• Salt: Some commercial chili powders contain a little salt, but I don't add any to mine. Salt-free chili powder makes it easy to add exactly as much chili powder as I want without making the recipe too salty.

Dry Chili Selection

Chili powder isn't called chili powder for nothing. Since it's mostly made from dried chilies, the type you use has a huge impact on the overall flavor. Here are a few of your options. What chiles should I use? It depends on what ground peppers I have around.

  • Paprika Familiar and works fine. Did you know that the paprika you buy in grocery stores is actually a mixture of dried peppers, specifically paprika? Your typical paprika is plain, earthy, and adds only negligible heat, making for a solid all-purpose chili powder. Smoked paprika makes a chili powder that's sweet and, yes, a little smoky.
  • New Mexico Chiles Fruity, with a warmth that is clear but nuanced. They make my favorite chili powder.
  • chili pepper Is it hot? Use it sparingly to complement your other dried chilies and add a laser-like element of one-dimensional but powerful heat.
  • Ancho chiles They're the ones William Gabbard used in his original chili powder twist. Their heat is mild, and their flavor is mildly smoky and fruity.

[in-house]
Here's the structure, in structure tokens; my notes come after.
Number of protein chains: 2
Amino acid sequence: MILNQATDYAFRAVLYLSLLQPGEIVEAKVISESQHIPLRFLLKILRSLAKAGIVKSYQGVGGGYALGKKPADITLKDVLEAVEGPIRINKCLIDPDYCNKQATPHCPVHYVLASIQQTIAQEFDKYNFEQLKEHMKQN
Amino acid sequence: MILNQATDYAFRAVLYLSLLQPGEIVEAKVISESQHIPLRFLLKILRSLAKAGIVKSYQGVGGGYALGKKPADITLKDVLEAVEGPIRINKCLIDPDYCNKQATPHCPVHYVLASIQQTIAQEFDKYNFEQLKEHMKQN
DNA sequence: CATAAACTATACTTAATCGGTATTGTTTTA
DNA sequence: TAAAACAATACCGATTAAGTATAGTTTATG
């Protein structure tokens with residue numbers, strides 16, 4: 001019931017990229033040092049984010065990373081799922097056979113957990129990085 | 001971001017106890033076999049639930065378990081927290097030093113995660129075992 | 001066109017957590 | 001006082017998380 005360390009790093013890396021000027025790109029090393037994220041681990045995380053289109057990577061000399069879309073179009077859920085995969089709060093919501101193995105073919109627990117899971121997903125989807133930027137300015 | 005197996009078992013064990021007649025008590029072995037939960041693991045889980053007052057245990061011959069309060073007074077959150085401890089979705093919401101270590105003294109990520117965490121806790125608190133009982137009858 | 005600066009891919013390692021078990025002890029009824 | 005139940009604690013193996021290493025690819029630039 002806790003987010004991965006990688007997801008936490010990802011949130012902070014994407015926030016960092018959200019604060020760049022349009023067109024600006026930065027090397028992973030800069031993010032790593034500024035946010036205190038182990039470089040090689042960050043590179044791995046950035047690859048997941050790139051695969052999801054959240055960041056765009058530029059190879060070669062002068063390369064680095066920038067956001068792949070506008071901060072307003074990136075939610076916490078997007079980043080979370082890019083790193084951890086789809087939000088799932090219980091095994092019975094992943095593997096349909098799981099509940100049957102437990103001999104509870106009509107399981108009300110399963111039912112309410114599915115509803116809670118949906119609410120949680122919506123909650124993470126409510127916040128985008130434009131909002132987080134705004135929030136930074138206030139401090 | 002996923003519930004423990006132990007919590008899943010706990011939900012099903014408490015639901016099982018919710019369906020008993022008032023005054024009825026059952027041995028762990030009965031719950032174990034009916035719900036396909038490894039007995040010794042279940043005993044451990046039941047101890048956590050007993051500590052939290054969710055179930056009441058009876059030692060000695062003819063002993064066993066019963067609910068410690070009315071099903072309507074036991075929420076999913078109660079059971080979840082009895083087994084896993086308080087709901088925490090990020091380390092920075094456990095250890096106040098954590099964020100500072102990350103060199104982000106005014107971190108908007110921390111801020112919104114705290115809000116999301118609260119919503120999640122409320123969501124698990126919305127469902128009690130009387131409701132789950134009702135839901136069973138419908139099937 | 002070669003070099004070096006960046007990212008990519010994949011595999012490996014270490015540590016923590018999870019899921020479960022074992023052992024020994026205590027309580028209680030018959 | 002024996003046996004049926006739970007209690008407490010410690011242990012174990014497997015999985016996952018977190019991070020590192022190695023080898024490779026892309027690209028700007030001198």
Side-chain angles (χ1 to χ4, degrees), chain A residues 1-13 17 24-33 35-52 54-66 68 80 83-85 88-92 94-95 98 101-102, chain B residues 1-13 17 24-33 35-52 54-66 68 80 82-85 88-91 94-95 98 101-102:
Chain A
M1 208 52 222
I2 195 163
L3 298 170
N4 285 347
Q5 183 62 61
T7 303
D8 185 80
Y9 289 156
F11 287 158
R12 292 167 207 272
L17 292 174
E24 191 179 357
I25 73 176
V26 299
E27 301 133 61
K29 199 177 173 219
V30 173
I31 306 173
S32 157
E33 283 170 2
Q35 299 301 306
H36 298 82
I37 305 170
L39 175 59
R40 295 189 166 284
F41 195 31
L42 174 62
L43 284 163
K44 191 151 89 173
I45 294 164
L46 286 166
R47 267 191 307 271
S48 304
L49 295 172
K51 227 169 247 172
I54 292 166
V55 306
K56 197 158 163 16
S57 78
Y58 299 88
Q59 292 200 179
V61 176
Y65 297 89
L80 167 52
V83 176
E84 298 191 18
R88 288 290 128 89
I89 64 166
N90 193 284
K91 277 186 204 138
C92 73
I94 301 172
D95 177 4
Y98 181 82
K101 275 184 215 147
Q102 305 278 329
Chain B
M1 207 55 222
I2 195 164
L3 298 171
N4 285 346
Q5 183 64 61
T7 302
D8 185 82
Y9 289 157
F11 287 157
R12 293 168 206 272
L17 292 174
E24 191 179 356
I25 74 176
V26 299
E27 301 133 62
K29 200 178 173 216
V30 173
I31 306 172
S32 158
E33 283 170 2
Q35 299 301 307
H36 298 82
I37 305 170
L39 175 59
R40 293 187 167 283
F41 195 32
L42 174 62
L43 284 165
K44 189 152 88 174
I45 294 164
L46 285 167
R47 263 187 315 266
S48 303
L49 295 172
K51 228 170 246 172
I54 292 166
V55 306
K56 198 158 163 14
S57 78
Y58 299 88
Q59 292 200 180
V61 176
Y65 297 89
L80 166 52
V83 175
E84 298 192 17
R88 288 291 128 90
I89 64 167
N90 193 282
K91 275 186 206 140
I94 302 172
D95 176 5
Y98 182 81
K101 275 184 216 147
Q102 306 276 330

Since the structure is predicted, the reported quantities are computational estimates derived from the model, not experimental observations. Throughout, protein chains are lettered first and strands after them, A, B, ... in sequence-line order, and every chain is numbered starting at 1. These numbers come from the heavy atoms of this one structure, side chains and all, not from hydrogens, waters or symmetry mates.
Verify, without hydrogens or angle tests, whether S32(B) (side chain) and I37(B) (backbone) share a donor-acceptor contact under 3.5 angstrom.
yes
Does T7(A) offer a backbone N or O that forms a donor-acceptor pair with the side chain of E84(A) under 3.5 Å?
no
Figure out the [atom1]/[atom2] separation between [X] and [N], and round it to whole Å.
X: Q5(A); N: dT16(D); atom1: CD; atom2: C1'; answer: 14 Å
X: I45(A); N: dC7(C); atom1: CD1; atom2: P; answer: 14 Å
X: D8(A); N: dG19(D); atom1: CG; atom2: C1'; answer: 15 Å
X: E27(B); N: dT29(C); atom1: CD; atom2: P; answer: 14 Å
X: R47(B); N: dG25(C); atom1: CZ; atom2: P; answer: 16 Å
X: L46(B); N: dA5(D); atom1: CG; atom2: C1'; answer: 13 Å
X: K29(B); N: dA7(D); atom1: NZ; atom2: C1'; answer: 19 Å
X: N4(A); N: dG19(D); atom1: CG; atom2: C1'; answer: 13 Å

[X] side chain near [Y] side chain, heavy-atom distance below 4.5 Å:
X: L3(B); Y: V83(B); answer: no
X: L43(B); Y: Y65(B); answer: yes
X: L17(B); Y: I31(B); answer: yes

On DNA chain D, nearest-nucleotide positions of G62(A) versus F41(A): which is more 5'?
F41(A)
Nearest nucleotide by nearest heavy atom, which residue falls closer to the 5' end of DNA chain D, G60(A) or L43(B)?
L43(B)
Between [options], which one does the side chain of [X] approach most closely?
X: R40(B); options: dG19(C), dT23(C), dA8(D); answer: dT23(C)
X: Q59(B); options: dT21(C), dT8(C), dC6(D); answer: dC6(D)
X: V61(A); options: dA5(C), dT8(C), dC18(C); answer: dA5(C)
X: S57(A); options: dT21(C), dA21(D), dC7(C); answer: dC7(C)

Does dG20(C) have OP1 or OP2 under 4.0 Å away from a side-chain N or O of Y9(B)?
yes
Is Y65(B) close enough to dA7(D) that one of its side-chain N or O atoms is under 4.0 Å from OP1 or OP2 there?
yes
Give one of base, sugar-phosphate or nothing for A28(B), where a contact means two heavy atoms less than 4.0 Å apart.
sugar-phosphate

• Dried chipotles Add deep, smoky heat. Use with caution.

Just Recipes / Shilpa Iyer

Toasting and grinding whole chiles

You can buy many varieties of whole dried chilies, which can be both wonderful and versatile. If this is your first time trying dried chilies (or a combination of dried chilies), I would suggest mixing a small batch of chili powder.

Toasting the dried chilies first helps to bring out their flavor. You can find the tutorial in step 1 and 2 of this recipe. Allow toasted peppers to cool completely before grinding, as they become more brittle and grind better at room temperature.

Simple tip!

Wear a mask. While you are grinding the dry chilies. Grinding dry chilies and mixing in chili powder will create a dust that gives your sinuses a major workout. If your chilies are hot and your eyes are sensitive, safety goggles aren't a bad idea either. Wear disposable gloves when handling dried chilies.

Ways to use chili powder

Chili, obviously. I use my homemade chili powder just like I use the stuff from the store. This includes tossing sweet potato fries with them before putting them in the oven and sprinkling some macaroni and cheese in between to make it even better. And I always add it to my mom's famous Creamed Taco.

Homemade chili powder recipe

Recipe Note: For a finer texture, I prefer to use ground dried oregano, especially since dried Mexican oregano is broken into coarse pieces. I pulverize mine in a mortar and pestle. If you don't have one, you can use a spice grinder or crush the oregano between your fingers.

I double the recipe because it makes about 1/4 cup, which is how much chili powder I add to a typical batch of chili.

If you want to toast and grind whole dried chilies, you can find more detailed instructions above.

Just Recipes / Shilpa Iyer